World News

World
4:45 am
Sun October 14, 2012

Russia To Go It Alone On Nuke Disarmament

Originally published on Sun October 14, 2012 12:14 pm

Transcript

RACHEL MARTIN, HOST:

Well, this past week, the Russian government announced that it is dropping out of the program.

NPR's Mike Shuster has more on the consequences.

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Europe
4:17 am
Sat October 13, 2012

Cyprus' Divided Capital A Last Vestige Of War

At the Ledra Palace checkpoint in Nicosia, Cypriots must show a passport to cross the border between the Turkish North and the Greek South.
Petros Karadjias AP

Originally published on Sat October 13, 2012 5:32 pm

There is one corner of the European Union where a kind of war still rages.

Nicosia, on the Mediterranean island nation of Cyprus, is the last divided capital city in Europe. In 1974, Turkey invaded Cyprus, taking over the northern part of the island — including half of the capital.

History teacher Maria Chrysanthou says she's blunt with students who ask her if the two sides of Cyprus — one Greek-speaking and Christian, the other Turkish-speaking and Muslim — will ever be united.

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Europe
4:17 am
Sat October 13, 2012

Spanish Crisis Revives Calls For Catalan Secession

Supporters of independence for Catalonia gather in Barcelona on the Spanish region's national day, on Sept. 11.
Josep Lago AFP/Getty Images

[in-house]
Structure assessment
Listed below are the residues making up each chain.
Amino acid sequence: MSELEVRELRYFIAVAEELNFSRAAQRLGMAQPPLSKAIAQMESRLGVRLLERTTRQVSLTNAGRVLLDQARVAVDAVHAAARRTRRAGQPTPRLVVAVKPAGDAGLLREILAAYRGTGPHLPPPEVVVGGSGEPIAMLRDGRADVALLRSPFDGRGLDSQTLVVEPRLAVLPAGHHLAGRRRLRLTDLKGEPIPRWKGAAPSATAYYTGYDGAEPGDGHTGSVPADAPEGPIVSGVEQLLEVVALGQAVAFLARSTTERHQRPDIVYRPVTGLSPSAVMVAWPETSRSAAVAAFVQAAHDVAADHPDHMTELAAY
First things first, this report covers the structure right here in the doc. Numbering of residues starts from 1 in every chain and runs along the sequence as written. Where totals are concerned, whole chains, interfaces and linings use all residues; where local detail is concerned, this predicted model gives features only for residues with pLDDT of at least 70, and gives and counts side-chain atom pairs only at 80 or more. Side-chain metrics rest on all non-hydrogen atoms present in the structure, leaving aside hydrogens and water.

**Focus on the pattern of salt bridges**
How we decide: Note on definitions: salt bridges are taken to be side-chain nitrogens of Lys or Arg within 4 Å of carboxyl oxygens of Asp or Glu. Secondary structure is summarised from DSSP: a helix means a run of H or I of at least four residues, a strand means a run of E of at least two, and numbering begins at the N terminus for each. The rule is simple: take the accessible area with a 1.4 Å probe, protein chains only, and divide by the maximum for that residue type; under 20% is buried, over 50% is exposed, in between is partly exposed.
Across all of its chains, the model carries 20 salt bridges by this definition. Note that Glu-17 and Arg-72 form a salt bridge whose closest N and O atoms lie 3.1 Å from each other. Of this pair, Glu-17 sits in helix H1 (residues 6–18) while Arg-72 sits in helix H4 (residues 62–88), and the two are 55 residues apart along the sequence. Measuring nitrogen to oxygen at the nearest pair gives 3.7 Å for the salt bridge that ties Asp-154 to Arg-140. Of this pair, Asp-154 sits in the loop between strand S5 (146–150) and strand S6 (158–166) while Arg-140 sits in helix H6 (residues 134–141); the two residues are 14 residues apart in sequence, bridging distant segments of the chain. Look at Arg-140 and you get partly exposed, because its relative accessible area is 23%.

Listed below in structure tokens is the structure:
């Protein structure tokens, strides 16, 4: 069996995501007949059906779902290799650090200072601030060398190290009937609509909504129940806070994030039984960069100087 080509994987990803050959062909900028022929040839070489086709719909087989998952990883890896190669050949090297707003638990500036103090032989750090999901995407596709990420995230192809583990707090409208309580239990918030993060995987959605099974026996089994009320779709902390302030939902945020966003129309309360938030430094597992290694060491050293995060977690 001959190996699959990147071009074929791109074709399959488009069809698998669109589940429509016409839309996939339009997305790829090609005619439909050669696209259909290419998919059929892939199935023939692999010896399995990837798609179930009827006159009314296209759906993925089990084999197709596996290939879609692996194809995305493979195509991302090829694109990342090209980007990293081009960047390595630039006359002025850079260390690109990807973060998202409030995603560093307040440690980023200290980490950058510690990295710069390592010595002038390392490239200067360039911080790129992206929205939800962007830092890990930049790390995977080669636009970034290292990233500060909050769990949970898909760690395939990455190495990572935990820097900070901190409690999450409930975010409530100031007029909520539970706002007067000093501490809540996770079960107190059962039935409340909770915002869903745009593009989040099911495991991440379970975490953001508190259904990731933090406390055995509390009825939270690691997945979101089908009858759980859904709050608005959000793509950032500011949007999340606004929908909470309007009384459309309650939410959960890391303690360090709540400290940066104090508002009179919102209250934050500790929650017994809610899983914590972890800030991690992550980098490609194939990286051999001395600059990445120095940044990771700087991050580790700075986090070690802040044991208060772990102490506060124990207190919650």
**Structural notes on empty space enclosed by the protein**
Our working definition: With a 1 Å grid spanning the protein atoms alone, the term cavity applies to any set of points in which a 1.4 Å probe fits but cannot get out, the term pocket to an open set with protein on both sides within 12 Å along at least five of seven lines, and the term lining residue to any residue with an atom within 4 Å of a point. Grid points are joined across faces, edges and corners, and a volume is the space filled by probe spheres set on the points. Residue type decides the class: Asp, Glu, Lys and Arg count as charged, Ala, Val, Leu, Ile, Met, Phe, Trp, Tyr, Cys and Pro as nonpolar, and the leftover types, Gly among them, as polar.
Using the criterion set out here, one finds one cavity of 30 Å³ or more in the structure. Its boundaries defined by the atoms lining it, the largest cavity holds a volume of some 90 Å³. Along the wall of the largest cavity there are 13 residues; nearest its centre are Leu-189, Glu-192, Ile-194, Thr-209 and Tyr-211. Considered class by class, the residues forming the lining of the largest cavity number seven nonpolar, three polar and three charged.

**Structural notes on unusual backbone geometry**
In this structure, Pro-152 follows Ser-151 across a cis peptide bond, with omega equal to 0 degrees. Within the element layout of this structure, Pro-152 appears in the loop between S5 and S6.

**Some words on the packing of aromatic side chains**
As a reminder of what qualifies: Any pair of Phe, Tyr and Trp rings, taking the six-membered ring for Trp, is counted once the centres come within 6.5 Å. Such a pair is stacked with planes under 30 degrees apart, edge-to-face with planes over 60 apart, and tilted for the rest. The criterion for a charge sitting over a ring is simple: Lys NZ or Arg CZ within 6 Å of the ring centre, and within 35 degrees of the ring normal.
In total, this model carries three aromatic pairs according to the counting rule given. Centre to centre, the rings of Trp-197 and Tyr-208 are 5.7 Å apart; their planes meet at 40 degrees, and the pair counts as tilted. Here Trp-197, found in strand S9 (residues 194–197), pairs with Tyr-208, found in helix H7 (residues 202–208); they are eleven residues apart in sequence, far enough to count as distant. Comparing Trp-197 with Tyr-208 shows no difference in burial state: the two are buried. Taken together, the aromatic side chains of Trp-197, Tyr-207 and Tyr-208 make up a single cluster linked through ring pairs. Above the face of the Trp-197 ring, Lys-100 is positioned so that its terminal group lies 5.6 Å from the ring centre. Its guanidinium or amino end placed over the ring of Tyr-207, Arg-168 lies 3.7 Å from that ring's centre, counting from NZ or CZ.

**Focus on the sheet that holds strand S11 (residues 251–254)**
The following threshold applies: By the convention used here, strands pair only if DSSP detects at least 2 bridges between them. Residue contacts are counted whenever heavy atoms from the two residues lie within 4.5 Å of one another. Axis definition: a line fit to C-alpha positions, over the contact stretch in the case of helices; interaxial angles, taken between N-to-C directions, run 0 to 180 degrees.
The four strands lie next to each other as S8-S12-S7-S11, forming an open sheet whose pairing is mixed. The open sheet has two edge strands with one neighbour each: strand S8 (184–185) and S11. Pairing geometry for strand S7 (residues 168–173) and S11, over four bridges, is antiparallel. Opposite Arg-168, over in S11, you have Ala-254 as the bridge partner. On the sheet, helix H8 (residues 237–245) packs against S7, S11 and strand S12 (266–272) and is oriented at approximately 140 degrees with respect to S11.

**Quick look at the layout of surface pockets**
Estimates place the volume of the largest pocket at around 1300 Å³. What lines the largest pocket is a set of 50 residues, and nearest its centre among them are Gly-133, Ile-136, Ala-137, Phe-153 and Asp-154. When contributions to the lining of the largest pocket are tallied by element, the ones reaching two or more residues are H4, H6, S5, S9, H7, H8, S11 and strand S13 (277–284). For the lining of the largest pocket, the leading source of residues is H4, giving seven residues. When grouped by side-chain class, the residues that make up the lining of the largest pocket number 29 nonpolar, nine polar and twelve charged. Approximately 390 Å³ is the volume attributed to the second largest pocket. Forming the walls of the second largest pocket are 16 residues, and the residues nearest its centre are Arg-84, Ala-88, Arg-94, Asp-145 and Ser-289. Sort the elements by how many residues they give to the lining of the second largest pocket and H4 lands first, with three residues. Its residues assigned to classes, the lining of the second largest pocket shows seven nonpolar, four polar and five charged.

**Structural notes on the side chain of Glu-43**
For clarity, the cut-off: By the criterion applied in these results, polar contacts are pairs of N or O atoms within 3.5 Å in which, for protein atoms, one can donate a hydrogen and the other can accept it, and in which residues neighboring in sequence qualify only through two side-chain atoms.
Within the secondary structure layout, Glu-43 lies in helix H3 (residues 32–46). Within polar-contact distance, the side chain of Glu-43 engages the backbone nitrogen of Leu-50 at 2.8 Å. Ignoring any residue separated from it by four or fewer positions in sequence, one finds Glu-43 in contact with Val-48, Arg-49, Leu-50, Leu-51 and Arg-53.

Originally published on Sat October 13, 2012 8:17 pm

On a recent day in Barcelona, the capital of northeast Spain's Catalonia region, José Maria Borras and his lifelong friend Antonio Canosa sip coffee in the same square where they went to grade school.

The two retirees — both in their mid-60s — grew up under Spain's military dictator Francisco Franco, who prohibited the Catalan language, festivals and any talk of independence.

"It's been a long struggle for freedom," Borras says. "Back in those years, if you were in this very schoolyard speaking Catalan you'd be punished."

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World
4:17 am
Sat October 13, 2012

New French President Sees Popularity Crash

Just a few months ago, supporters rallied in the streets for the election of Francois Hollande. Now, some of the same people are protesting against the French president. Leftist parties and unions organized this anti-austerity protest in September.
Bertrand Langlois AFP/Getty Images

Originally published on Mon October 15, 2012 3:47 pm

Just five months after electing President Francois Hollande, many French are now despairing that he cannot deliver on the vision they voted for. What's worse, some wonder if Hollande has a plan at all.

The new president's ratings have plummeted, and his once-lauded "steady approach" is now perceived as dithering.

Protesters shouting "Resistance!" in the streets of Paris this month included people who voted for him and now feel betrayed. They were demonstrating against the European fiscal treaty, approved this week by the Socialist-dominated French parliament.

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Technology
4:17 am
Sat October 13, 2012

One Child, One Laptop ... And Mixed Results In Peru

Students use a laptop at the Jose Maria public school in a shantytown on the outskirts of Lima, Peru on June 8. Peru has sent more than 800,000 laptop computers to children across the country, one of the world's most ambitious efforts to leverage digital technology in the fight against poverty. Five years into the program, there are doubts about its success.
Karel Navarro AP

Originally published on Sat October 13, 2012 8:15 am

Five years ago, Peru plunked down $200 million on more than 800,000 low-cost laptops to distribute to schoolchildren. The purchase was part of the global One Laptop Per Child initiative that aimed to end poverty with computers.

But now there are a lot of questions about how successful Peru's effort has been, especially in rural areas like the village of Lacachi.

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World
3:31 pm
Fri October 12, 2012